In-person or virtual meeting? (video transcript)

Are you returning to the office in some kind of a hybrid format, with some days in the office and other days working remotely? If so, how do you decide what happens in-office and what gets left for the days you’re collaborating as a virtual team? I’ve outlined three categories to help you figure this out.


1) What are you interacting or collaborating on?

The type of project that is best suited to in-person work is:

  • something that you’ve never done before;
  • something very complex with a lot of moving parts;
  • something ambiguous where people might interpret the same thing in different ways; or
  • something contentious where people might get emotional or conflict is likely

These things are more well-suited to being together in person as you have the benefit of more body language and the possibility of some downtime together. All of that is really useful when your content is novel or complex or ambiguous, or if it’s contentious.

2) Who are you talking to?

Who you’re interacting has a big impact on whether you want do it in the office in person or virtually.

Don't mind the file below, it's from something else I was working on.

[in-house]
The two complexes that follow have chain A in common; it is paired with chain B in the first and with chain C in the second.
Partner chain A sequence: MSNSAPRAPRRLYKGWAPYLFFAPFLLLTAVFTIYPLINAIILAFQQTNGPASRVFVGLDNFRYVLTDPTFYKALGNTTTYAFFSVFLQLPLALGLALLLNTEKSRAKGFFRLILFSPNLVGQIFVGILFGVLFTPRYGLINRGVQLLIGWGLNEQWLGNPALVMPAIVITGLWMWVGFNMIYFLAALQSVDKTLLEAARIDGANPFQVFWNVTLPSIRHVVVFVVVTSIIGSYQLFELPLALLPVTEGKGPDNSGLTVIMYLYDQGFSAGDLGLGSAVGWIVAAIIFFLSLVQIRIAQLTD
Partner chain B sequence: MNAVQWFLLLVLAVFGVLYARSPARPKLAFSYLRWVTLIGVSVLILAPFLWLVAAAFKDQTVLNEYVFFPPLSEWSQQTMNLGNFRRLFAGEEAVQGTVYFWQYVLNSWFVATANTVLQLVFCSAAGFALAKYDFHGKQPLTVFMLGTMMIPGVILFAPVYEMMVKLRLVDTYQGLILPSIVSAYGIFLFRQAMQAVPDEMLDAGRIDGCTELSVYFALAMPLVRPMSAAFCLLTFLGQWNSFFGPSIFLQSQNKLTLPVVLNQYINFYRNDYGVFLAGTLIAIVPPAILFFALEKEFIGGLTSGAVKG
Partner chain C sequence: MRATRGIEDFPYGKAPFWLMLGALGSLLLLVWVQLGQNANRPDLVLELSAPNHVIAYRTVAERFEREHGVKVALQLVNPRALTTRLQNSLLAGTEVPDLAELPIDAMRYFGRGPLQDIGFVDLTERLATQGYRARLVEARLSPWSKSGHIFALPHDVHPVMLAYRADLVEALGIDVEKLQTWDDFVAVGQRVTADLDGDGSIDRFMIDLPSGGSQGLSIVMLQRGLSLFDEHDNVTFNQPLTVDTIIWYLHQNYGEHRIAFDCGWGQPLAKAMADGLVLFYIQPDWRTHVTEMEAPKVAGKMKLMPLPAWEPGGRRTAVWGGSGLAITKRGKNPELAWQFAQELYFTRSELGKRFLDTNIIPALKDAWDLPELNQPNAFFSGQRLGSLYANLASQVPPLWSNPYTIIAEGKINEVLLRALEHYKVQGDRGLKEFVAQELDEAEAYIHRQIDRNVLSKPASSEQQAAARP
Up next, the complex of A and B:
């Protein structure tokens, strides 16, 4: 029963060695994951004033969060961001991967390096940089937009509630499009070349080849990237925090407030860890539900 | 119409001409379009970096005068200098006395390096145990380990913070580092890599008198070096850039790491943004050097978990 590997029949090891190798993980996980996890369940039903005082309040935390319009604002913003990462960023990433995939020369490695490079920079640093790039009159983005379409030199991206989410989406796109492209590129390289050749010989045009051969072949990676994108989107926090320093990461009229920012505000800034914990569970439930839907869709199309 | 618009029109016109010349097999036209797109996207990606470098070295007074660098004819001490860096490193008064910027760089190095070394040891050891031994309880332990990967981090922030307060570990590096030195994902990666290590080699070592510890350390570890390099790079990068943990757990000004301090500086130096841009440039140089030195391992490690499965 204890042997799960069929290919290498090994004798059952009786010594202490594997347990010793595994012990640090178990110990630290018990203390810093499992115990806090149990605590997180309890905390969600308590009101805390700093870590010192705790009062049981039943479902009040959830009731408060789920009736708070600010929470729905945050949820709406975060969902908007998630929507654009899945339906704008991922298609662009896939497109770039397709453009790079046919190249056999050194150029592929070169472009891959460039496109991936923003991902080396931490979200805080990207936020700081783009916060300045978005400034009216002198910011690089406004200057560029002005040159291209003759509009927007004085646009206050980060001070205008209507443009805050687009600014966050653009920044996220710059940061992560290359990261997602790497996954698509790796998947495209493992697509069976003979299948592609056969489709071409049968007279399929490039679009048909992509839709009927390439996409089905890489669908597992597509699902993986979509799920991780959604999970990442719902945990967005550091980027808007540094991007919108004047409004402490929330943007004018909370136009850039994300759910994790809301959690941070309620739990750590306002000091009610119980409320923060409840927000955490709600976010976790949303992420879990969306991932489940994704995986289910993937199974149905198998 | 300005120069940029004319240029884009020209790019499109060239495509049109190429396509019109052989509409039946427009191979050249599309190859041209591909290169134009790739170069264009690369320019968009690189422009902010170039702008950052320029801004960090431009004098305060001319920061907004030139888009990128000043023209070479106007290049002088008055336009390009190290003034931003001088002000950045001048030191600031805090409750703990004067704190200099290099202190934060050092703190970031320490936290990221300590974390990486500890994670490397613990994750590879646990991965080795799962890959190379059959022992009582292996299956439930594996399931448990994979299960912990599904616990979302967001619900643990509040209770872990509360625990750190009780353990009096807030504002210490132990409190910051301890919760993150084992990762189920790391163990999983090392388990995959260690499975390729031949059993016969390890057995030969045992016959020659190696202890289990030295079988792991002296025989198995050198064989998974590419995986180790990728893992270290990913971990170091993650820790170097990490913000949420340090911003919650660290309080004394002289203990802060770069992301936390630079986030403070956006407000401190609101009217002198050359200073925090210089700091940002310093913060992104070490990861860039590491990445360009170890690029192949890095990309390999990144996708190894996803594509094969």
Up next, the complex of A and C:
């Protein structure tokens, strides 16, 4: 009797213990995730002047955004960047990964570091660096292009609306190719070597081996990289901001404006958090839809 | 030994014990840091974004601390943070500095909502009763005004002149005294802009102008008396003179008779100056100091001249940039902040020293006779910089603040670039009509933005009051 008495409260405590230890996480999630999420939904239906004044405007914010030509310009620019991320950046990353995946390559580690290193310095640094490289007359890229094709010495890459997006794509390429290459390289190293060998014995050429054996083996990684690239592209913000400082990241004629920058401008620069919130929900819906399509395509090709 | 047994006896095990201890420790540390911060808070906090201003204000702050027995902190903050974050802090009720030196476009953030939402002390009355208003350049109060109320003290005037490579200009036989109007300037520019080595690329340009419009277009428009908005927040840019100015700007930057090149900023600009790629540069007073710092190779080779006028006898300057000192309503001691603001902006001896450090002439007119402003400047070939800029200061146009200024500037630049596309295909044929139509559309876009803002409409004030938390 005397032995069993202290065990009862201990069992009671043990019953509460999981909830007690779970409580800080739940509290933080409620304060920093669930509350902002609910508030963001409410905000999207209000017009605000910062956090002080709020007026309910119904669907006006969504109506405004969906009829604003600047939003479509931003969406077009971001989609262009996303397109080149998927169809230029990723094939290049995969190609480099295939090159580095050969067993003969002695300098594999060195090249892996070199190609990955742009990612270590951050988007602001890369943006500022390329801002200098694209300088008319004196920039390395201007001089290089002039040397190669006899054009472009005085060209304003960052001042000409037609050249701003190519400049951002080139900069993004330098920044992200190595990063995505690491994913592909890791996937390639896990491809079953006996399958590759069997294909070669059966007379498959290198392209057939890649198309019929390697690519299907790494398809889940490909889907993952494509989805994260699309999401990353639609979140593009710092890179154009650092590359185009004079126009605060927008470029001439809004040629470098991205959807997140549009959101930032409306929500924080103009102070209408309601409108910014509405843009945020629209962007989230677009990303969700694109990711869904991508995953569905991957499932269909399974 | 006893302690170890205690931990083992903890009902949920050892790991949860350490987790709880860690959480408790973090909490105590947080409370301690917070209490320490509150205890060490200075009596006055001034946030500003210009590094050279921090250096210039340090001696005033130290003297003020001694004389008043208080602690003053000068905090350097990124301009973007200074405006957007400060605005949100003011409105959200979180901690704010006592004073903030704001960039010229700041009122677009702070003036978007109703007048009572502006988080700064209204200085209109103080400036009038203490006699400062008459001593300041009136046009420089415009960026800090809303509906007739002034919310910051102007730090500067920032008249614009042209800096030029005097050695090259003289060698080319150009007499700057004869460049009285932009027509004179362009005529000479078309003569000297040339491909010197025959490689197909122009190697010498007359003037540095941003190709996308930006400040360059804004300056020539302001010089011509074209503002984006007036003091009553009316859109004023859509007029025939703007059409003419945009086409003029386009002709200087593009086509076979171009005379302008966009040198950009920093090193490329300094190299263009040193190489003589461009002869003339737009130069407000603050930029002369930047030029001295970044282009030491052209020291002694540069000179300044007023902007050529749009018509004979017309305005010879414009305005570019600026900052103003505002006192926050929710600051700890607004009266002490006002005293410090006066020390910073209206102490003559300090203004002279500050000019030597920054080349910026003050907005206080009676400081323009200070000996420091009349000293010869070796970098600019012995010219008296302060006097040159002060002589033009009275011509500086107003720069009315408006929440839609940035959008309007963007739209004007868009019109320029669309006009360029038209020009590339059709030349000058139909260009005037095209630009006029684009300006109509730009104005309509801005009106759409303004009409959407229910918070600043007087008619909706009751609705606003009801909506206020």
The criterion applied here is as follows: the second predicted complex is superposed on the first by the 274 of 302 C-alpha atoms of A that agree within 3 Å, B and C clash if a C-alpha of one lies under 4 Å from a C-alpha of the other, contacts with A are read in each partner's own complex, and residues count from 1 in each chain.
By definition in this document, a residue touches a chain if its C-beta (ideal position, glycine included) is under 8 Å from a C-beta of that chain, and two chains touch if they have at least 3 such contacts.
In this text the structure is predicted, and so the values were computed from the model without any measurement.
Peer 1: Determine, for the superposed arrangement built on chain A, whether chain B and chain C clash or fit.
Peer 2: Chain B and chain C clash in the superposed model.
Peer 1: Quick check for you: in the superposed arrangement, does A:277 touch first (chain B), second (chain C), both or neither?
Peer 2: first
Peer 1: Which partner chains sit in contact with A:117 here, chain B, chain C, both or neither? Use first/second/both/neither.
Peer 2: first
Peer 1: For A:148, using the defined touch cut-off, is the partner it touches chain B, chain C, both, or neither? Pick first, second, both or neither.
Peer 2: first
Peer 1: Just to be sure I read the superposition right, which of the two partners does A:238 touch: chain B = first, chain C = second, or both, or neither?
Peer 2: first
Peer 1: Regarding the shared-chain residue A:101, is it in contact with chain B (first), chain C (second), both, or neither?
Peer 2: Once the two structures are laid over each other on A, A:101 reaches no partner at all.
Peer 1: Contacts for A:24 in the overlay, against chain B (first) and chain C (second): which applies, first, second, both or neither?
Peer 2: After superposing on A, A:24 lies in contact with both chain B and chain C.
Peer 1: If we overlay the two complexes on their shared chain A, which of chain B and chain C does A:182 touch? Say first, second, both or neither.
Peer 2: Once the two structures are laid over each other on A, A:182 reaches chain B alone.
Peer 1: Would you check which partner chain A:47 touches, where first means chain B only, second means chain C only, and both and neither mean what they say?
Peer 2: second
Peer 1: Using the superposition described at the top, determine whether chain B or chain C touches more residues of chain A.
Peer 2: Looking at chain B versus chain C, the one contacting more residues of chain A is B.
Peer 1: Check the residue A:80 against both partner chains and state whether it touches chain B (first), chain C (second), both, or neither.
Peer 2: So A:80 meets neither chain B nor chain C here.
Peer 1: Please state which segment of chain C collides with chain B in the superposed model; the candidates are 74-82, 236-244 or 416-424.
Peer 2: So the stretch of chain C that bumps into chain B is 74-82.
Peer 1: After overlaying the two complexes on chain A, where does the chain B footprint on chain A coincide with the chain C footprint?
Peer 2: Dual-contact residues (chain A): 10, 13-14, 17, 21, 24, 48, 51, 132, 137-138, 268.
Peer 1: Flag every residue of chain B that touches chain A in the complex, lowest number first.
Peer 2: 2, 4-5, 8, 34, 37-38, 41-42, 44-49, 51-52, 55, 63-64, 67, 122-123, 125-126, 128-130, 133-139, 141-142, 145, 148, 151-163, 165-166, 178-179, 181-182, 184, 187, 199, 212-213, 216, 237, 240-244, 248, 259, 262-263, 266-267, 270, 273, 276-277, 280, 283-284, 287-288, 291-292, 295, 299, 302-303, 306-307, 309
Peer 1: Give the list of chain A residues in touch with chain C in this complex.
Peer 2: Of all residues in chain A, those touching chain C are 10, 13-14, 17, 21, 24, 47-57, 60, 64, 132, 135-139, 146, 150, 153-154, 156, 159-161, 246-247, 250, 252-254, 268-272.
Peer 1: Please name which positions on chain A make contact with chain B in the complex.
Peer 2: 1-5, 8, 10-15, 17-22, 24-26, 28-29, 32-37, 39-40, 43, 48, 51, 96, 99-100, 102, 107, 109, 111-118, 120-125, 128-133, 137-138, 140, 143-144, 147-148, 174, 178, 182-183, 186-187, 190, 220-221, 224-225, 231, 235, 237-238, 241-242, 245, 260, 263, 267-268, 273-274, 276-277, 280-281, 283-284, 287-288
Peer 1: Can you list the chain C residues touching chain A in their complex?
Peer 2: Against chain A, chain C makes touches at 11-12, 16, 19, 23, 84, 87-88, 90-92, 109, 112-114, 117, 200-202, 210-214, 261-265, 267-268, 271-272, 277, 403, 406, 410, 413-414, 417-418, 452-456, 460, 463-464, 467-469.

If it’s people that you don’t know very well, you don’t trust, people who don’t share a common language or jargon with you, then being in person together would be better. For example, different departments collaborating should be prioritized for time in the office.

If you’re just with your own team and people you know and you trust, then you can probably do that over a Zoom call.

3) Why are you interacting?

If you’re interacting to work on blue sky big-picture ideas, that really suits being in a physical situation where there’s more space and it’s a little more comfortable. Also, if the goal is about sharing or connecting or bonding, then again err on the side of in person.

We know that our biology is such that when we eat together, we strengthen connection and trust; as such, not only do you want to get out of your Zoom box when you’re trying to strengthen connection, but you also want to be together in person and if possible, break bread together.

Final Thoughts

To help you evaluate these three categories, I have made a helpful checklist which you can use for your next meeting or interaction.

If you’ve got more than a couple of things on that left-hand side, then it’s probably worth going into the office. Otherwise, I’m sure a Zoom call will be fine!

More on This: Return-to-Office Miniseries

We are botching the return-to-office transition. We need to talk less about individual productivity and talk more about the obligation to contribute to healthy teams and organizations. But leaders, the price of admission to that conversation is to give up some control so employees can optimize their experience and to reset how the workweek is used so we have less overflow into personal time.

More on this

Guide: Adapting to a Hybrid Workplace

The Pros and Cons of Hybrid Teams

Building Trust in Remote and Hybrid Teams

How to Strengthen Connection on Remote and Hybrid Teams